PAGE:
To clarify before I actually get to the list, I don’t believe it’s a bad thing to hold any particular set of opinions. I do believe it’s a bad thing to constantly spend time talking scrap about stuff you don’t enjoy, and more generally about the way things are, rather than actually doing something about it. If you’re so upset about the majority of anime that get made nowadays, put up and post links to the BDs of the series you do like on your blog, or just buy them yourself. It’s trivially easy to use amazon for that sort of thing in this day and age.

That said, here are my personal bandwagon favorites of the past several years:

Honorable Mention: Kuroko’s Basketball

-I’ve been a fan of this series for longer than I’ve been a fan of the Rockets (since the offseason where the snagged Linsanity and James Harden’s Beard). It got so much hate on the mangahelpers forums right around the time shonenbeam started up. I wasn’t actually following it at the time, but my friend Jean was, and we had conversations about how glad he was that it was getting 100k tankobon sales in spite of the naysayers. Now, it’s getting 250k first-week sales, it’s an anime juggernaut, and the one guy pooping in the punch bowl just got snagged. Good times.

5. Tiger and Bunny

-This didn’t really get an excessive amount of hate, but it was made by Sunrise’s 4th string and it did put up sales numbers for the first volume so high it actually went out of stock on amazon and they had to press another 10,000 or so copies. Has to be included for sheer unexpected ass-kicking at the marketplace, plus being the actual best show to come out that year. I’d say it’s probably like a 60+20+0=80 pointer. K-on (which I believe is the best ever performance by a female director and has a sizable female fanbase) would benefit from a similar line of logic, except I don’t know how I feel about that show yet.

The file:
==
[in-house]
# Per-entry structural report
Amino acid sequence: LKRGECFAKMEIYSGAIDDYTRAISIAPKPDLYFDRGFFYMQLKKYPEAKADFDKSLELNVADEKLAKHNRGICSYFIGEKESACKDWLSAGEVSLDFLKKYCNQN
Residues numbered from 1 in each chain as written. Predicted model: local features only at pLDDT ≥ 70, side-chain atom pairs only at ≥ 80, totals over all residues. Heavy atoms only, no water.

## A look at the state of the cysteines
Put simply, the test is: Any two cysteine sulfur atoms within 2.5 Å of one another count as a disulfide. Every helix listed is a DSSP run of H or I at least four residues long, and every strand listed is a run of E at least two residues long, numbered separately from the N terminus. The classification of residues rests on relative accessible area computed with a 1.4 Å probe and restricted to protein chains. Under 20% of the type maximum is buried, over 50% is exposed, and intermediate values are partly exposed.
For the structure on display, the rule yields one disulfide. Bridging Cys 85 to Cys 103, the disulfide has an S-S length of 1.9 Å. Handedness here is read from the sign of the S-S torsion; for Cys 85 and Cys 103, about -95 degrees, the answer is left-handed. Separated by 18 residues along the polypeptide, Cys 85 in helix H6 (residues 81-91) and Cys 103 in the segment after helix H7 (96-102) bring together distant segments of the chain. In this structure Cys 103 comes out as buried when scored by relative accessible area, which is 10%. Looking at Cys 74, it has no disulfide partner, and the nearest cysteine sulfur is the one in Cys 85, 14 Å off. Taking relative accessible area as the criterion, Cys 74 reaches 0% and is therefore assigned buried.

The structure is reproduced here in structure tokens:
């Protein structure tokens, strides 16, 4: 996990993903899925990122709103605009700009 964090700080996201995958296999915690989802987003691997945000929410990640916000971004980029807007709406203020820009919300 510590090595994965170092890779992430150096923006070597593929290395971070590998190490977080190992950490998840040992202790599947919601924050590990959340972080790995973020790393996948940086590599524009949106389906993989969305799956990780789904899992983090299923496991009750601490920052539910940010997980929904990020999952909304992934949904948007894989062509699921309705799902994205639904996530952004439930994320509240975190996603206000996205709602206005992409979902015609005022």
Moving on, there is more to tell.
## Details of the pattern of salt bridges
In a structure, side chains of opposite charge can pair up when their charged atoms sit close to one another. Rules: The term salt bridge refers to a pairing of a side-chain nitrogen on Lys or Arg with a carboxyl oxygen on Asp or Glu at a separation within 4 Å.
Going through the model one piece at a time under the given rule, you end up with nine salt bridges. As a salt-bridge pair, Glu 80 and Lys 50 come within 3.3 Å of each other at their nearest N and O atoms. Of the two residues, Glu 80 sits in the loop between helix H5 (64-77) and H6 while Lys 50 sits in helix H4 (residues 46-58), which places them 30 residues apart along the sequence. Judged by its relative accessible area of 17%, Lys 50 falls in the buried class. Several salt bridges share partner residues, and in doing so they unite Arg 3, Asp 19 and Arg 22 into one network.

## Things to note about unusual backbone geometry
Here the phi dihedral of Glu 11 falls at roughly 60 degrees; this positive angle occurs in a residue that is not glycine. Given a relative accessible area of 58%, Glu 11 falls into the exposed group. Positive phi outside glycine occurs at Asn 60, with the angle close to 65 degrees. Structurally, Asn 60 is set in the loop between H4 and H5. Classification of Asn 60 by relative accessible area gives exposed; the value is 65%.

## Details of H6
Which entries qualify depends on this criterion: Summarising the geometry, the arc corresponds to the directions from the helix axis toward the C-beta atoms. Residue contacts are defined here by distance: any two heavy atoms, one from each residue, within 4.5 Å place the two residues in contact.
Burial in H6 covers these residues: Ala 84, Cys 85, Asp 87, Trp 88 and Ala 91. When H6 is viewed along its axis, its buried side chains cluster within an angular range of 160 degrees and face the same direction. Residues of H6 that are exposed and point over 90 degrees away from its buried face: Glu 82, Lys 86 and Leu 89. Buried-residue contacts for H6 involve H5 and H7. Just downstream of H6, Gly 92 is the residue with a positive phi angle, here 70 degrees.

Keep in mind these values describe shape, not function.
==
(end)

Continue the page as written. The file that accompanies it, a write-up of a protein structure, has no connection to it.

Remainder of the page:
4. Free

-I don’t like 4chan a whole lot, and their reactions to the initial announcement combined with Free’s still-maybe-better-than-Clannad sales made the Summer a fun one in every sense of the word. Oh yeah, and Hiroko Utsumi being ultra-clutch helped a bit. Lots of hate, lots of success, and unexpected  greatness of presentation.

3. Horizon on the Middle of Nowhere

-So, so many people took one look at this series’ character designs, instantly said no, and missed out on the best battle series this side of Hunter x Hunter and JJBA with a fun, charming cast and a free-flowing first episode chase scene. Meanwhile, fans in Japan bought twice as many copies of this as they did of Ha Ga Nai, which was adapted from Light Novels more than twice as popular.

2. Tatami Galaxy

-The number of people who dismiss Kaiba as nothing more than pretentious, postmodern crap have a harder time swallowing Masaki Yuasa breaking more than even on sales while making the first TV series to win the JMAF animation grand prize.

1. Arpeggio of Blue Steel